Jive Soma Masha, a Tribal Warly artist, died on May 16, 2018, leaving behind a legacy of Intellectual Property Rights. This is perhaps the only tribal art form to have an IPR. The tribal from Dahanu, Maharashtra, started painting when he was seven years old and was gifted with the ability to paint images from nature without any restrictions. Divya Soma, a tribal artist, learned the art through observation. He pioneered some practices that have changed the perception of tribal art today.
Jiva Soma, a man who began Warli painting as a way to mark a celebration, was the first to do so. He would simply paint in his traditional style on a casual basis and without any celebration or purpose. Traditional Warli paintings were usually found on the walls of eco-friendly mud hutments. They were painted with lair (mixture of soil with cow dung) or rice paste with a stick or a brush made of rice crop. Jiva Soma, however, changed the surface and started painting on dark brown or canvas with a white outline.
Jiva Soma, a man of few words was gifted with a strong command of his drawing. He had a keen sense of space division and balance in composition. He was also adept at making impressions. His specialty was bold forms that were pure earthy. One of his paintings shows a horizontal line that divides the canvas into two halves. The lower half of the canvas is adorned with a serpentine shape that adds an element of mystery and beauty. His use of line, dot, and sometimes mass in his paintings led to the appearance of many types of trees, including sun and moon, animals like the snake, birds like parrot and sparrow, men and women in dancing poses, and men playing Tarpa (the instrument used by his tribe).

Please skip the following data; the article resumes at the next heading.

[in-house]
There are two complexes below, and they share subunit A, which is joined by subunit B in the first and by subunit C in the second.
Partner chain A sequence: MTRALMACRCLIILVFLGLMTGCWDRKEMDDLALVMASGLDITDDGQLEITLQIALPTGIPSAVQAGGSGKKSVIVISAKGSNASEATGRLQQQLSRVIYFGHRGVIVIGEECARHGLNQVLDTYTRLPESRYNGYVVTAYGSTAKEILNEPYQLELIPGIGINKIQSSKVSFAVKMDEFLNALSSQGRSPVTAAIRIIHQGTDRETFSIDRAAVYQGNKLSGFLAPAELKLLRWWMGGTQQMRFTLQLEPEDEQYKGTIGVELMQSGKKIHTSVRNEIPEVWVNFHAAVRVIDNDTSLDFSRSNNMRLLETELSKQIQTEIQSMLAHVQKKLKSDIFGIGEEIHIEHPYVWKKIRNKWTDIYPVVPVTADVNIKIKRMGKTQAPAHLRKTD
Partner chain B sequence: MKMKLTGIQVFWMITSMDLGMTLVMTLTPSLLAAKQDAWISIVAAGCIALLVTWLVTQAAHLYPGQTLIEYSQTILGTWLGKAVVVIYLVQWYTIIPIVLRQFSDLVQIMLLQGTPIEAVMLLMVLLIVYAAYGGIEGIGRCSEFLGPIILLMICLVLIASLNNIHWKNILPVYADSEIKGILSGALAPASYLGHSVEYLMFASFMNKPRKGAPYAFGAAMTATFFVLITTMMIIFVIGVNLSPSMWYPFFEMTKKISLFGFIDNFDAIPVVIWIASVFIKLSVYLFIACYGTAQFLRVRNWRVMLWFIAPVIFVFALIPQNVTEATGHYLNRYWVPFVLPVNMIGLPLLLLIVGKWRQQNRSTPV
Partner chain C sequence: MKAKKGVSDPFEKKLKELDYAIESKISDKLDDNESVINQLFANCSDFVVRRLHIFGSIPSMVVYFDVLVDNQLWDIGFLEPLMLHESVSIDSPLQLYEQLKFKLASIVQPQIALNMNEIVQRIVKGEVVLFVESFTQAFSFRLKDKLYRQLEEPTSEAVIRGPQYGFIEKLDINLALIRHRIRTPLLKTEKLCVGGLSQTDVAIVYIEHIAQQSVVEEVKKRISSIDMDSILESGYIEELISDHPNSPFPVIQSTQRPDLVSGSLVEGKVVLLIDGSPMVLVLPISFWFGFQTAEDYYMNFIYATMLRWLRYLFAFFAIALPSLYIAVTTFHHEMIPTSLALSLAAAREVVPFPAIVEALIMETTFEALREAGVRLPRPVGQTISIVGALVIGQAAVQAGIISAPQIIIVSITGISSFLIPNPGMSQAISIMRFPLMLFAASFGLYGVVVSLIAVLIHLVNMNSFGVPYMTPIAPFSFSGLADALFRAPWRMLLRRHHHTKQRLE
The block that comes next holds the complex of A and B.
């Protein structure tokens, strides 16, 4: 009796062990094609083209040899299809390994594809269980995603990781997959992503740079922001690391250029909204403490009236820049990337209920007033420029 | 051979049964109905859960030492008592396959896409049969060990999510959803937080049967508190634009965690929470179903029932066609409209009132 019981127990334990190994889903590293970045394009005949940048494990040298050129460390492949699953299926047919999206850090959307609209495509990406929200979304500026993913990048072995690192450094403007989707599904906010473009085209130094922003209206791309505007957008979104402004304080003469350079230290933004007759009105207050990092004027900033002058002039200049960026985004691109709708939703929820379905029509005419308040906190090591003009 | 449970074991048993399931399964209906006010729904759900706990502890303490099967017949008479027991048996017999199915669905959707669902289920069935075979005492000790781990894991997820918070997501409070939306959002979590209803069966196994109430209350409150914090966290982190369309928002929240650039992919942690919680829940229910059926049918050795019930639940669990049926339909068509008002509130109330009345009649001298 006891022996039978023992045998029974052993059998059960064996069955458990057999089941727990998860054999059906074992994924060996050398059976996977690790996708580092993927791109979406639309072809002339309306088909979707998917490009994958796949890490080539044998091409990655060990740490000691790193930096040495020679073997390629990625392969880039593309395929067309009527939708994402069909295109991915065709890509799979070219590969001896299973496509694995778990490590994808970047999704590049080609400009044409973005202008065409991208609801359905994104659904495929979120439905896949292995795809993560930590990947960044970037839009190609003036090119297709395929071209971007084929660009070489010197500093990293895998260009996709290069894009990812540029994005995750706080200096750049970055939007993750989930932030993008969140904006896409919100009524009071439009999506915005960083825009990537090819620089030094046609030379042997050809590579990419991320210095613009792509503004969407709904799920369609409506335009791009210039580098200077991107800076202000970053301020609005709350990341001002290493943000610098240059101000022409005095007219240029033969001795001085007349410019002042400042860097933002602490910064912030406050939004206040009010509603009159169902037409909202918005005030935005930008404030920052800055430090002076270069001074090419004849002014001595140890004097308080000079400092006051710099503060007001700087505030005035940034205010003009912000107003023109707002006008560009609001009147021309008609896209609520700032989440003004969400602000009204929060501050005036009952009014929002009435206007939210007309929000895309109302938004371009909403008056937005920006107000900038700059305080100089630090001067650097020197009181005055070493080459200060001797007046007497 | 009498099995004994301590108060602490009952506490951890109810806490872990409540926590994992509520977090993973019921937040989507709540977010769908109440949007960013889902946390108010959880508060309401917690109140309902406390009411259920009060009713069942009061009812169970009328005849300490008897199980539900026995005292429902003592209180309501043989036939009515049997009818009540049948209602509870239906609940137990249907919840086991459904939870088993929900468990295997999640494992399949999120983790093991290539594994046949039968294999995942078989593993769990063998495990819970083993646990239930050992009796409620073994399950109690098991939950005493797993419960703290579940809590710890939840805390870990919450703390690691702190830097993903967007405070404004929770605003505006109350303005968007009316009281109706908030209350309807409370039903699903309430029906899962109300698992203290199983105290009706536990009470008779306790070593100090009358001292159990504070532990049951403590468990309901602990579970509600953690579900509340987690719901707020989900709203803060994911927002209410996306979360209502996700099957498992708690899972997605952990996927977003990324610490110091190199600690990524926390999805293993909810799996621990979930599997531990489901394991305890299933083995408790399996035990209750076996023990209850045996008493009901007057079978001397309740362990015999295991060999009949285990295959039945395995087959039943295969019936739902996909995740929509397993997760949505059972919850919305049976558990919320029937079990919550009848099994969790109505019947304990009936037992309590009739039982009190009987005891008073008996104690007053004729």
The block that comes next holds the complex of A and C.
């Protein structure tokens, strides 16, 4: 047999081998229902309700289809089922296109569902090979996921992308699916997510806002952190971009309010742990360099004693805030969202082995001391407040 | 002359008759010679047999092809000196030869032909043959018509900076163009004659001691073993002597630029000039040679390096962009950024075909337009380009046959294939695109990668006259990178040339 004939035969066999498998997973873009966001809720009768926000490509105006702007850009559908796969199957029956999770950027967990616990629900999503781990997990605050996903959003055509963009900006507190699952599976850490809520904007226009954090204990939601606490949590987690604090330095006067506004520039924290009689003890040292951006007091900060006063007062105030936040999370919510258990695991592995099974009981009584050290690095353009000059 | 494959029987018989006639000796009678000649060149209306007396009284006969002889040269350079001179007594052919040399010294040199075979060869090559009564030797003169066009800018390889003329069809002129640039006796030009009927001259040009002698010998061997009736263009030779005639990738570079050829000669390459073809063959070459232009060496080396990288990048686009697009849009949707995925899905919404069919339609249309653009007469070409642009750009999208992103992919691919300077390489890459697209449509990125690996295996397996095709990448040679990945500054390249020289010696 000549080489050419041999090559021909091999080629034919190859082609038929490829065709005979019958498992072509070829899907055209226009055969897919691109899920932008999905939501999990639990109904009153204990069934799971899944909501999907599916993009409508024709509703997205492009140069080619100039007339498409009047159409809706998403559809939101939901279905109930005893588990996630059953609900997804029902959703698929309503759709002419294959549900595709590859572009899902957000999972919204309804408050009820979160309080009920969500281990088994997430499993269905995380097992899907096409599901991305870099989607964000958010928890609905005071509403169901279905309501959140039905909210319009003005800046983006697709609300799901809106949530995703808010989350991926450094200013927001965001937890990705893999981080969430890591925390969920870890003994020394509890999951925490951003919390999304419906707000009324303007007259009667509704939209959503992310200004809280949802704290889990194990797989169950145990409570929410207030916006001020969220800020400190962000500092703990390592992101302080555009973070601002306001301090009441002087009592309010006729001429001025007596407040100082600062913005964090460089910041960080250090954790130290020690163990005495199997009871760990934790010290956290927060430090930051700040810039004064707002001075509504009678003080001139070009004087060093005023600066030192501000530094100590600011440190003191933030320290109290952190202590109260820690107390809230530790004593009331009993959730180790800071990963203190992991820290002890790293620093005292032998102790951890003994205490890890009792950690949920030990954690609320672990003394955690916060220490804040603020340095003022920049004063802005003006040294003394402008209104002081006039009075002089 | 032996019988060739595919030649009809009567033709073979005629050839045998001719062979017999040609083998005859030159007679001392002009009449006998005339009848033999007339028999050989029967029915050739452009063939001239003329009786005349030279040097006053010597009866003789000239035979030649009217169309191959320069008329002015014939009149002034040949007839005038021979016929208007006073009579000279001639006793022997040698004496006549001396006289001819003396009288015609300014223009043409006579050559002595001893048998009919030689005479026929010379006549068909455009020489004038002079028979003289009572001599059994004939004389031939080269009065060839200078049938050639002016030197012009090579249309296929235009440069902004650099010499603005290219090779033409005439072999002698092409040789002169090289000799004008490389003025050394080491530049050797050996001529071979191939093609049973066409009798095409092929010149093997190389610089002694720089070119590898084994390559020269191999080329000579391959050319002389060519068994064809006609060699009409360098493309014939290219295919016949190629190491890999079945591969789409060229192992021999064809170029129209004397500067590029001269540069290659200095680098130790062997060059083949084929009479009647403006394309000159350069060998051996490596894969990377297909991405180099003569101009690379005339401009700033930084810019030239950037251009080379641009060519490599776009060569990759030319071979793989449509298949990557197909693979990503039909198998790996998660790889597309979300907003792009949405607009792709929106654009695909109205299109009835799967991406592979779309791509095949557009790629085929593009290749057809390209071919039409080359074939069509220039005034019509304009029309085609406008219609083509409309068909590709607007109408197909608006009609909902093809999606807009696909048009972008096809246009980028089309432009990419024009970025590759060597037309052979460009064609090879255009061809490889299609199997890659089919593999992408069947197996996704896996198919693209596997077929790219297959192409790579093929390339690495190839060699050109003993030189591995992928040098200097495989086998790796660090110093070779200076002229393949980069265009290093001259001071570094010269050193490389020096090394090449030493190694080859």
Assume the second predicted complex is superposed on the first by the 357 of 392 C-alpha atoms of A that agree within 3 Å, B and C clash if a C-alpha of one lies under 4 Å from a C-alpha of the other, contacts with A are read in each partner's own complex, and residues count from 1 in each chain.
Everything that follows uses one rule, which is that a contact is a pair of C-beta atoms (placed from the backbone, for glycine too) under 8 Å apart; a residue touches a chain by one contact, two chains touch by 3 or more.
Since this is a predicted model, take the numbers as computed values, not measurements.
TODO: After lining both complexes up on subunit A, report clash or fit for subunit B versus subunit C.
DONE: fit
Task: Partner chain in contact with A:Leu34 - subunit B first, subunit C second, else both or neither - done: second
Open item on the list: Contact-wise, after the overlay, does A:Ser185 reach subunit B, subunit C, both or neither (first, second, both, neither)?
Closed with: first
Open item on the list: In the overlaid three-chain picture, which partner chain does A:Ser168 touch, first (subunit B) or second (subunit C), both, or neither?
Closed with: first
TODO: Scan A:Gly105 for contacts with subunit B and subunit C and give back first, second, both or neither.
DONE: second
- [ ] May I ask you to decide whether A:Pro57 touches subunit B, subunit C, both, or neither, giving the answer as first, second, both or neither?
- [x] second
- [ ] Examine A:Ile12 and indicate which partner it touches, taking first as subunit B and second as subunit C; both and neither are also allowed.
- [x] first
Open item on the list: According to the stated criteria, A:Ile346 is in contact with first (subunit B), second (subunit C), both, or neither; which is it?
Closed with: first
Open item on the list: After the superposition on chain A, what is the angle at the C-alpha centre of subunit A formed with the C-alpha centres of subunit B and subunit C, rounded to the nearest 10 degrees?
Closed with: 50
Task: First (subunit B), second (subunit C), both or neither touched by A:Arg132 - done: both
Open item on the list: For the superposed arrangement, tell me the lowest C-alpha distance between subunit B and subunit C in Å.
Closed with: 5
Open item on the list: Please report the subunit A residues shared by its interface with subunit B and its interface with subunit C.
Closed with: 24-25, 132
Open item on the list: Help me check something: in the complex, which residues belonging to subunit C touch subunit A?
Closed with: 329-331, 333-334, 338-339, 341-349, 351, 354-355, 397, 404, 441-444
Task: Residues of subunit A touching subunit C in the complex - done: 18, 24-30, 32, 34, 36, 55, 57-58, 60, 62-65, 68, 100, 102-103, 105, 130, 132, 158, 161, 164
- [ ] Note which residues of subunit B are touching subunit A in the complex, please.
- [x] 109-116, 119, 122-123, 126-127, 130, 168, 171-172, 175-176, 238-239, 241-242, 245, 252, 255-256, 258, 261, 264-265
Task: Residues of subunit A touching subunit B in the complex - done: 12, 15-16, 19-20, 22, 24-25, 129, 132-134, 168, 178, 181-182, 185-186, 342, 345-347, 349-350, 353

His candid expression was based on his ability to recall, his powerful expression, his clarity of thought, and his forceful, confident lines. His paintings were a reflection of tribal culture, not just ancestral culture. These qualities earned him unprecedented recognition at Pompidou Centre in France and Japan as well as in India. He demonstrated the elegance and power of rural work to the whole world. His simple images and shapes were attractive to today’s modern layman. Jiva Soma Mashed was the first and only Warli painter to be awarded the Padma Shree award by the Government of India. Visit https://www.carpetcleaningbeverlyhills.info/5-benefits-of-hiring-professional-cleaning-services/ to read about 5 Benefits of Hiring Professional Cleaning Services.
This art style was not known until 45 years ago. We see Warli motifs on a variety of fabrics, decorating walls, and greeting cards. The simple shapes and drawings are a fascination for many people. It is a simple art form that anyone can practice, which is one of its strongest points. But no longer. Recent registrations of Warli art under the Intellectual Property Rights Act have been made. This is perhaps the most cult-worthy tribal art to achieve this status. It can be attributed to Jivya Soma Mashe who, in his purity and naivete, brought these motifs into the five-star culture of the metropolitan area. His sons, Sadashiv and Balu, continue to carry on the legacy.